Current Graduate Students

Fourth Years

Finola Kane-Grade

Finola is a National Science Foundation Graduate Research Fellow and Ph.D. student on the Developmental Psychopathology and Clinical Science track at the Institute of Child Development (ICD). She is interested in neurobiological mechanisms linking early life stress and later psychopathology and health outcomes. Additionally, she hopes to identify protective mechanisms underlying resilience (such as social buffering) and translate this knowledge in ways that can be used to inform prevention efforts. At the University of Minnesota, she works with Dr. Megan Gunnar, Dr. Kathleen Thomas, and Dr. Bonnie Klimes-Dougan. Finola received her B.A. in Psychology and Music Performance from the University of Wisconsin-Madison in 2016 and completed an honors thesis on stress and learning with Dr. Seth Pollak. She then completed a postgraduate research fellowship at the Yale Child Study with Dr. Katarzyna Chawarska studying early markers of autism risk, and most recently worked as a research coordinator at Boston Children’s Hospital/Harvard Medical School with Drs. Charles Nelson and Michelle Bosquet Enlow studying emotional development and risk markers for childhood anxiety.

Sally Stoyell

Sally is a National Science Foundation Graduate Research Fellow and Ph.D. student in Developmental Psychology at the University of Minnesota’s Institute of Child Development. She is interested in studying the structural and physiological processes behind infant memory and cognitive development in both typically and atypically developing populations. Prior to joining the CDN Lab, Sally received her BS from Cornell University where she did her undergraduate thesis in a lab looking at EEG and behavioral measures of infant memory as related to iron status. Most recently she worked at Massachusetts General Hospital in the Chu Lab studying the brain processes and structure behind seizures and cognitive dysfunction in infantile and childhood epilepsies.

Third Years

Maddie Fung

Maddie is a Ph.D. student in the Developmental Psychology program at the Institute of Child Development, working with Drs. Kathleen Thomas and Megan Gunnar. She is interested in studying the influence of puberty and stress hormones on structural and functional brain development, and using both neurobiological and neuroimaging methods to explore these changes during adolescence. Currently, she is involved in the MRI Study of Stress and Social Support. Maddie received her B.S. in Biology from Creighton University in 2019 and completed a postgraduate research fellowship with Dr. Tony Wilson at the Institute for Human Neuroscience, studying neurophysiological development using magnetoencephalography (MEG).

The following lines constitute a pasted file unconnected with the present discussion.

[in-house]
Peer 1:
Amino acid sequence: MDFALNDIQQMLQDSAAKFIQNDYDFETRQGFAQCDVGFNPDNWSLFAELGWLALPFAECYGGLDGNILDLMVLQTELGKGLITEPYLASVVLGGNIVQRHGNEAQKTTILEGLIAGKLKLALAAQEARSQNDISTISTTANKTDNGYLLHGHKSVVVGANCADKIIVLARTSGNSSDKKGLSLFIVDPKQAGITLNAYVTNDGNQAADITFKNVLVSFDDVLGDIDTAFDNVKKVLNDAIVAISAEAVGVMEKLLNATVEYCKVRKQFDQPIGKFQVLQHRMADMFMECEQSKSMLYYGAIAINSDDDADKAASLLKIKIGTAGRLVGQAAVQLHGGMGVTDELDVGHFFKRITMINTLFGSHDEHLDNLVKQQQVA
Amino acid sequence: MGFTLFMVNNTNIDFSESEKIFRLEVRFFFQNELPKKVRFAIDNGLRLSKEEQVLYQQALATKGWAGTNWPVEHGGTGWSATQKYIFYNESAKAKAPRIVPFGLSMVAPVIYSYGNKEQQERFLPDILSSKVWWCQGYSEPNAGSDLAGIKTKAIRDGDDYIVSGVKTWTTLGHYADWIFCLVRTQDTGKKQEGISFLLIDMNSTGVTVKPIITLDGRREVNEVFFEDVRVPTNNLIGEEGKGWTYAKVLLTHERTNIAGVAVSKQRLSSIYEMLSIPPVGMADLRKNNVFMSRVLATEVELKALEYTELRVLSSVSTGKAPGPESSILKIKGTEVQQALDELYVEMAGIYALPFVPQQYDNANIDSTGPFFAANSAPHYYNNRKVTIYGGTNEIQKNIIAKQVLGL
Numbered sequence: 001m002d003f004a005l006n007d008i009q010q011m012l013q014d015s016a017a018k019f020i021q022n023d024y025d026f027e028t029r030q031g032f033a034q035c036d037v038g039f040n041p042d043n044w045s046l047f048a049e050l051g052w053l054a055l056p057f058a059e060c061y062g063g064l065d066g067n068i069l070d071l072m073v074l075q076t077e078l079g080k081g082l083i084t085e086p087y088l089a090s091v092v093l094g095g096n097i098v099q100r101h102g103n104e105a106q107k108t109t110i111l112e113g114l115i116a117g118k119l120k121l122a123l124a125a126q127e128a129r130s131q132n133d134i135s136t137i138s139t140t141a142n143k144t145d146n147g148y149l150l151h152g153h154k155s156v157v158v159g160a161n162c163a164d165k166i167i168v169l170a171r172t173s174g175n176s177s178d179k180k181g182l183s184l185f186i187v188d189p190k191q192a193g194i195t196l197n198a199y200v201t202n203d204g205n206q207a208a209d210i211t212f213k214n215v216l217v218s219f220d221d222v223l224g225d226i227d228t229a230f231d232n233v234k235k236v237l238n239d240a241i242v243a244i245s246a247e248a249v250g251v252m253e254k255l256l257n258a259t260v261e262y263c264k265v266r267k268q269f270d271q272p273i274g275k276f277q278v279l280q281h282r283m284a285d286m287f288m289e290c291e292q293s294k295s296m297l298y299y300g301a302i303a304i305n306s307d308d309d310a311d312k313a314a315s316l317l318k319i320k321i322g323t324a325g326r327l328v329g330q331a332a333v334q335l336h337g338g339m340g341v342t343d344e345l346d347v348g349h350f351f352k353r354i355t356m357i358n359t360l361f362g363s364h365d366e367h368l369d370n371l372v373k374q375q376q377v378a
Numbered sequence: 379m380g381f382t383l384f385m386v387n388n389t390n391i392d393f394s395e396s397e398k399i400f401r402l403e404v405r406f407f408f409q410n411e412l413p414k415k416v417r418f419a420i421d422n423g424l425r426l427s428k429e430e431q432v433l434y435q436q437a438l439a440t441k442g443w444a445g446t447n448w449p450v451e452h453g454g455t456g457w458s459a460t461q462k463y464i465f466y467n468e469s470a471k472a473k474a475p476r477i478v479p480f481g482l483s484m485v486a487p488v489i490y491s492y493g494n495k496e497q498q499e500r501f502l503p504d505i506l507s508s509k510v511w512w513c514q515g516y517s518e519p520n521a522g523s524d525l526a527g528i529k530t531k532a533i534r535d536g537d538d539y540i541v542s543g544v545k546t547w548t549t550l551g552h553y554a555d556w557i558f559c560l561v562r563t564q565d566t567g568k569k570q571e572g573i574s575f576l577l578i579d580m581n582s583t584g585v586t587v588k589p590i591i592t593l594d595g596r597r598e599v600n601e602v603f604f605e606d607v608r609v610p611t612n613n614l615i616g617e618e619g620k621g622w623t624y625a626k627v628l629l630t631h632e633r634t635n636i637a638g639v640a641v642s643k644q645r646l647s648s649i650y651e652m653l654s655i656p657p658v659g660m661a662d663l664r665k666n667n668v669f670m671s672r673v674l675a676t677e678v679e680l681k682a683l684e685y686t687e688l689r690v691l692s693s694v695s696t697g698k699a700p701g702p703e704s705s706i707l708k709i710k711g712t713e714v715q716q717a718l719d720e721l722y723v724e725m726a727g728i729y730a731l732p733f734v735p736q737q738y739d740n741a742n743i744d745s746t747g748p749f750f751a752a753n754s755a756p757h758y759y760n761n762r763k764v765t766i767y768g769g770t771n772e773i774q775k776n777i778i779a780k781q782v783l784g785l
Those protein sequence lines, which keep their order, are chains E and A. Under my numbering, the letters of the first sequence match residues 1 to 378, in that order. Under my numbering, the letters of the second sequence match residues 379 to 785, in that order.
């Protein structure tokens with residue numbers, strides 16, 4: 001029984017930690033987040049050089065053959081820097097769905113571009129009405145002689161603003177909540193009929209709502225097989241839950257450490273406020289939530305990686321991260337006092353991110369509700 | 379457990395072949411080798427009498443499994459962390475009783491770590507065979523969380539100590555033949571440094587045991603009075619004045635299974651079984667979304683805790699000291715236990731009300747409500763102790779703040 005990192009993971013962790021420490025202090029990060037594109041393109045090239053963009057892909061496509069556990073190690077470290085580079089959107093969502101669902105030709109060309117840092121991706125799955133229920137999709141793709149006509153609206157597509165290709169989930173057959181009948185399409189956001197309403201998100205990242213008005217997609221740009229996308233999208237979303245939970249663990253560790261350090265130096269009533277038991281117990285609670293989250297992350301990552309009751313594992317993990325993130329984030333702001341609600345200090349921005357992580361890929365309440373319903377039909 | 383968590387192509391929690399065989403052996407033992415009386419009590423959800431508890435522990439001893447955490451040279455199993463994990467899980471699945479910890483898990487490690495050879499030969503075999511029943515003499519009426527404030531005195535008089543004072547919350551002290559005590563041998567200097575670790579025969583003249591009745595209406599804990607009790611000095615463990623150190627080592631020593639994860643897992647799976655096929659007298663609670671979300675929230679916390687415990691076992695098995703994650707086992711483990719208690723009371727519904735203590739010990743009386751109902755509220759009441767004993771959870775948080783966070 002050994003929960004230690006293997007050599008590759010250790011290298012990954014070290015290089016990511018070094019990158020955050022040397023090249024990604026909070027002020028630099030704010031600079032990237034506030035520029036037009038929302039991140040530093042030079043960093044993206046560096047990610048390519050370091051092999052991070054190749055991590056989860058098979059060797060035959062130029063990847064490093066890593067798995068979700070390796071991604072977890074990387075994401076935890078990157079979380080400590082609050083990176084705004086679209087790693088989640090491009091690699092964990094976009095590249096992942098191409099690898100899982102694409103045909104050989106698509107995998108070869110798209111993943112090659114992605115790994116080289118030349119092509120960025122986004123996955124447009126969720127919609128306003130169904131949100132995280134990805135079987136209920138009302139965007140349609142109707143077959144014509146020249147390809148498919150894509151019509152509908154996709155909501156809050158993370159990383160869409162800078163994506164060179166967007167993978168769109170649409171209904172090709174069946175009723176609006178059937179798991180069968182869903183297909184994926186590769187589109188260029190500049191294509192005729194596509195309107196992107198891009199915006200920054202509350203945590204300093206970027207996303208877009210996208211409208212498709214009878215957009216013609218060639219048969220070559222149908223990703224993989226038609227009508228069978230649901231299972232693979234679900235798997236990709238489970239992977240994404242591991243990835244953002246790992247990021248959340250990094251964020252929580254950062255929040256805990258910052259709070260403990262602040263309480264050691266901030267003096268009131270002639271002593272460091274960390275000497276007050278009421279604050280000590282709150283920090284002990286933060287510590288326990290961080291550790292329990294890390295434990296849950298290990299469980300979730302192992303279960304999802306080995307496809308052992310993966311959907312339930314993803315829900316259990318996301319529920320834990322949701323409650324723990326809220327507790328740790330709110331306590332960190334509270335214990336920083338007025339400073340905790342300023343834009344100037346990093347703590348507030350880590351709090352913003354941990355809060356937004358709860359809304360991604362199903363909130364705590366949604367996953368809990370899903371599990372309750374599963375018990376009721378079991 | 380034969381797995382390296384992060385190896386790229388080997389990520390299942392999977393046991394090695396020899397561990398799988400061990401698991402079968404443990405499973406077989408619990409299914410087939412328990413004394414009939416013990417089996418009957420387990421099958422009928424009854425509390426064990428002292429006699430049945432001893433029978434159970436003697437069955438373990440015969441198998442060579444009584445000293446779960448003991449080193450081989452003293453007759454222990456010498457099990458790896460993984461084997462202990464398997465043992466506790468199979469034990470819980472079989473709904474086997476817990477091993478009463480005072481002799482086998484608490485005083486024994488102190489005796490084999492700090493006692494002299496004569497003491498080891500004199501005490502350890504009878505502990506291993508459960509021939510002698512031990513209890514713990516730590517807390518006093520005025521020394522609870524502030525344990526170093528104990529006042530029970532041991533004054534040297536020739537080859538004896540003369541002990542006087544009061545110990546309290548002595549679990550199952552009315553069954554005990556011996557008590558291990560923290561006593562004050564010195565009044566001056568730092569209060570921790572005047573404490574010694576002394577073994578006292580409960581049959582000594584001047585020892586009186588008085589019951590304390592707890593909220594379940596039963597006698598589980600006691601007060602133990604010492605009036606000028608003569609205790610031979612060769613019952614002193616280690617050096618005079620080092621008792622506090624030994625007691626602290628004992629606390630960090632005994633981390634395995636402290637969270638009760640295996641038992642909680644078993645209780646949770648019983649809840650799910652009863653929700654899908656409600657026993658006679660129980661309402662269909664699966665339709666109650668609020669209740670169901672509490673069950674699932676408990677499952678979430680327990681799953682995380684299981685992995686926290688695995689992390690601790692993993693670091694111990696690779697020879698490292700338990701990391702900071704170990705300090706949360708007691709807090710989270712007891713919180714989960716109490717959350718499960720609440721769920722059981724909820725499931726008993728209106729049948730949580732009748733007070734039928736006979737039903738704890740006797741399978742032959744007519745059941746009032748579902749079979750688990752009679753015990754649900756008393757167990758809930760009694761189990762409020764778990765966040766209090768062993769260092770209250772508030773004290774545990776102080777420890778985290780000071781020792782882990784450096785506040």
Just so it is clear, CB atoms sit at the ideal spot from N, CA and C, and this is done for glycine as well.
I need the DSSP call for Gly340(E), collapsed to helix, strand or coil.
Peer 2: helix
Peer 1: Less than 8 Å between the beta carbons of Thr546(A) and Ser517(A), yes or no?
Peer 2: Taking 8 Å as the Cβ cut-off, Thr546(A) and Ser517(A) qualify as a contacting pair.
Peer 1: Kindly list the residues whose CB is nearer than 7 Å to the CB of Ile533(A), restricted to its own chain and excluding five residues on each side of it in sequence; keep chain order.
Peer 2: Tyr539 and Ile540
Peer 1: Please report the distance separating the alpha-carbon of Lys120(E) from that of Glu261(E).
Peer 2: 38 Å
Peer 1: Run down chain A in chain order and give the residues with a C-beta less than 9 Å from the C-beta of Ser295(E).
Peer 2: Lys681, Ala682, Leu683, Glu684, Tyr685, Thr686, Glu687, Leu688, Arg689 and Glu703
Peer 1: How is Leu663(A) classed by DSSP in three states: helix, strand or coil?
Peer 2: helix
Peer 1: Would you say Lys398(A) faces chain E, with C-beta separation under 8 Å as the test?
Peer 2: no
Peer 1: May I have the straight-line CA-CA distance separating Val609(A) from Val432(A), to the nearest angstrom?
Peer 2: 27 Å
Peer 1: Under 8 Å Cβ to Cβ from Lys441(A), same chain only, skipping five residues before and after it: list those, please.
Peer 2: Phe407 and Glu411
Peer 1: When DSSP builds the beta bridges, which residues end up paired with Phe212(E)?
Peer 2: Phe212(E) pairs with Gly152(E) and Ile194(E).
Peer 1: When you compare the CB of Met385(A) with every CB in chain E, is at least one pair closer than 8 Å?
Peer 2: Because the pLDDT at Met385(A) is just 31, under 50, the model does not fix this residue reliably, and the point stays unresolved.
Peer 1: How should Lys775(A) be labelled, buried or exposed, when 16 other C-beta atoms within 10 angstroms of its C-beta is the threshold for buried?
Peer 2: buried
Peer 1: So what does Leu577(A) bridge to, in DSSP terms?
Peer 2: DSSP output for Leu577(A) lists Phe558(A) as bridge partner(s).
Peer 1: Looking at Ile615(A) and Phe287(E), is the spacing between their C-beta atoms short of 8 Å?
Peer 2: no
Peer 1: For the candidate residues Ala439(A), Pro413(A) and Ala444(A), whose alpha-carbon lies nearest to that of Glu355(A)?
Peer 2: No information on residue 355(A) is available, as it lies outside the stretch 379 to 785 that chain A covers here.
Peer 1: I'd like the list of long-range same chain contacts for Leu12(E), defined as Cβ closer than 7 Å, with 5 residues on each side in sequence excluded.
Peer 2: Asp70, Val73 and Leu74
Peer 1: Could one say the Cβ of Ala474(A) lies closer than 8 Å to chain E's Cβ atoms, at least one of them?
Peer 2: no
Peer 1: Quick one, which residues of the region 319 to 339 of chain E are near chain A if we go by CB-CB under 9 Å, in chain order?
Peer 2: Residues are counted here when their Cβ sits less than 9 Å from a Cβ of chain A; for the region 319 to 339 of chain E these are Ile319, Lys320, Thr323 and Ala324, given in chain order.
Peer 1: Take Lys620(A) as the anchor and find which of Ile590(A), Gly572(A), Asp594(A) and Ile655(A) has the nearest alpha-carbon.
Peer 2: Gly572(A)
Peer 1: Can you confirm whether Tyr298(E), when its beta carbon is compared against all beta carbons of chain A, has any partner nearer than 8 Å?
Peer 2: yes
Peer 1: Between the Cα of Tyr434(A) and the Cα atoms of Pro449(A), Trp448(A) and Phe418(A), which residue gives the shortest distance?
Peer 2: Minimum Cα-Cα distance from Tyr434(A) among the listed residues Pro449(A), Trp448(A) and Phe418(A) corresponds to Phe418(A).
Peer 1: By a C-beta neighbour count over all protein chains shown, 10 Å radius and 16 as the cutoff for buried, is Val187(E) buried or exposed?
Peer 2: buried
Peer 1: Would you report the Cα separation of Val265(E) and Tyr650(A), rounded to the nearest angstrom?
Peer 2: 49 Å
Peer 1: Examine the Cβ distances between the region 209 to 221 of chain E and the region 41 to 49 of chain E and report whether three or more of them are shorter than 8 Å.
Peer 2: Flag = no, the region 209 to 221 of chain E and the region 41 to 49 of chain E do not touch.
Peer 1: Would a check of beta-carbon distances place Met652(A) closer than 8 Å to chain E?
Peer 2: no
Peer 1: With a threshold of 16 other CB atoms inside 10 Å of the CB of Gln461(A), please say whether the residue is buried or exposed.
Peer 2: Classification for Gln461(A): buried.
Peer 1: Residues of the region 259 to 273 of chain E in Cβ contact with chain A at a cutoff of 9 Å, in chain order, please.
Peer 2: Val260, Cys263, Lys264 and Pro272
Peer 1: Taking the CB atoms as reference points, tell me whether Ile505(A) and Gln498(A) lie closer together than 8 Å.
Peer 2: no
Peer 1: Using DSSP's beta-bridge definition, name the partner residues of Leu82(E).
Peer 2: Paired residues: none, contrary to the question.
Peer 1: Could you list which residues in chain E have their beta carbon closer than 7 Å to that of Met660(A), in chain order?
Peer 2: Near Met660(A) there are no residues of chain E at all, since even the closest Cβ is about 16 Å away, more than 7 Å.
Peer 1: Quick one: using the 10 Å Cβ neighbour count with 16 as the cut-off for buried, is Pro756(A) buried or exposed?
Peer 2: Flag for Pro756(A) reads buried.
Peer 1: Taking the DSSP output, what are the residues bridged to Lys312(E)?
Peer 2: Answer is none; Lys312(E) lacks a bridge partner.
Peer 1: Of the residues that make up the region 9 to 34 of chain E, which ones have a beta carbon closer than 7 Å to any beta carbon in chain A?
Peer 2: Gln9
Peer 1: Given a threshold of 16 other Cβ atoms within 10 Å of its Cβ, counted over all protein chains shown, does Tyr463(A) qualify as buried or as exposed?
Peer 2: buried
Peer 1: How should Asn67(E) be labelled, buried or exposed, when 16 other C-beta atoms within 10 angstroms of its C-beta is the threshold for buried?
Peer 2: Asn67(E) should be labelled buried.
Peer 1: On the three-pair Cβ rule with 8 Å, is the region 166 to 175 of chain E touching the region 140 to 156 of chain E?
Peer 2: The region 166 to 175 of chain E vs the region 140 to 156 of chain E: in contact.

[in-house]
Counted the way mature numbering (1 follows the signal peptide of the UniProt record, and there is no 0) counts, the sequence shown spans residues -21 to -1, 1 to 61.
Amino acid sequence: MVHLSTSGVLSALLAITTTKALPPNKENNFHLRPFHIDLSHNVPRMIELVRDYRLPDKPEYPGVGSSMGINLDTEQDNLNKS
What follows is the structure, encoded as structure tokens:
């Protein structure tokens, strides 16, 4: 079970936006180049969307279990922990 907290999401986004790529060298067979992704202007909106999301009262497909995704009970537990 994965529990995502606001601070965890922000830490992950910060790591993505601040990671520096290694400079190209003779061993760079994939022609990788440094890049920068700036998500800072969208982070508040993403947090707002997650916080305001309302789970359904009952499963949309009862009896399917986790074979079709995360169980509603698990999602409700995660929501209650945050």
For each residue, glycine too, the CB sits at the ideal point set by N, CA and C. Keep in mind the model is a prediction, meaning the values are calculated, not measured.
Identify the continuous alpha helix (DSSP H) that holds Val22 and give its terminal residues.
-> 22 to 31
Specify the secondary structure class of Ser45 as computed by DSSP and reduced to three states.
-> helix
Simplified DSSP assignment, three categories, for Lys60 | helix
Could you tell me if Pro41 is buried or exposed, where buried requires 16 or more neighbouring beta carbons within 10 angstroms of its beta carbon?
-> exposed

Second Years

Lydia Lewis

Lydia is a second year PhD student in the Developmental Science track at ICD. She received a B.S. in Neuroscience and a minor in Chemistry from the University of Pittsburgh in 2018, where she studied white matter development in first-episode psychosis and typically-developing youth. She then worked as a research technologist at the Center for Neuroimaging of Aging and Neurodegenerative Disease at the Martinos Center in Boston, MA before joining ICD. Her current research interests include neurodevelopmental trajectories in adolescence, sleep health, and environmental adversity.

First Years

Tyler Choate

Tyler is a doctoral student in Developmental Science at the Institute of Child Development at the University of Minnesota. Prior to joining the ICD community, Tyler received undergraduate and graduate degrees in communication sciences and disorders from the University of Louisiana at Lafayette. He also completed a post-graduate certificate in infant/early childhood mental health at the Erikson Institute. Tyler’s research interests revolve around early childhood adversity and resilience. He is particularly interested in macro systems level adversity related to racism, poverty, violence, and other harmful forms of othering that disproportionately affect marginalized communities. Tyler aims to study how joint reminiscing and storytelling can provide buffering effects against early childhood stress and adversity. Tyler is currently supporting the CDN Lab’s efforts with the Minnesota Longitudinal Study of Risk and Adaptation.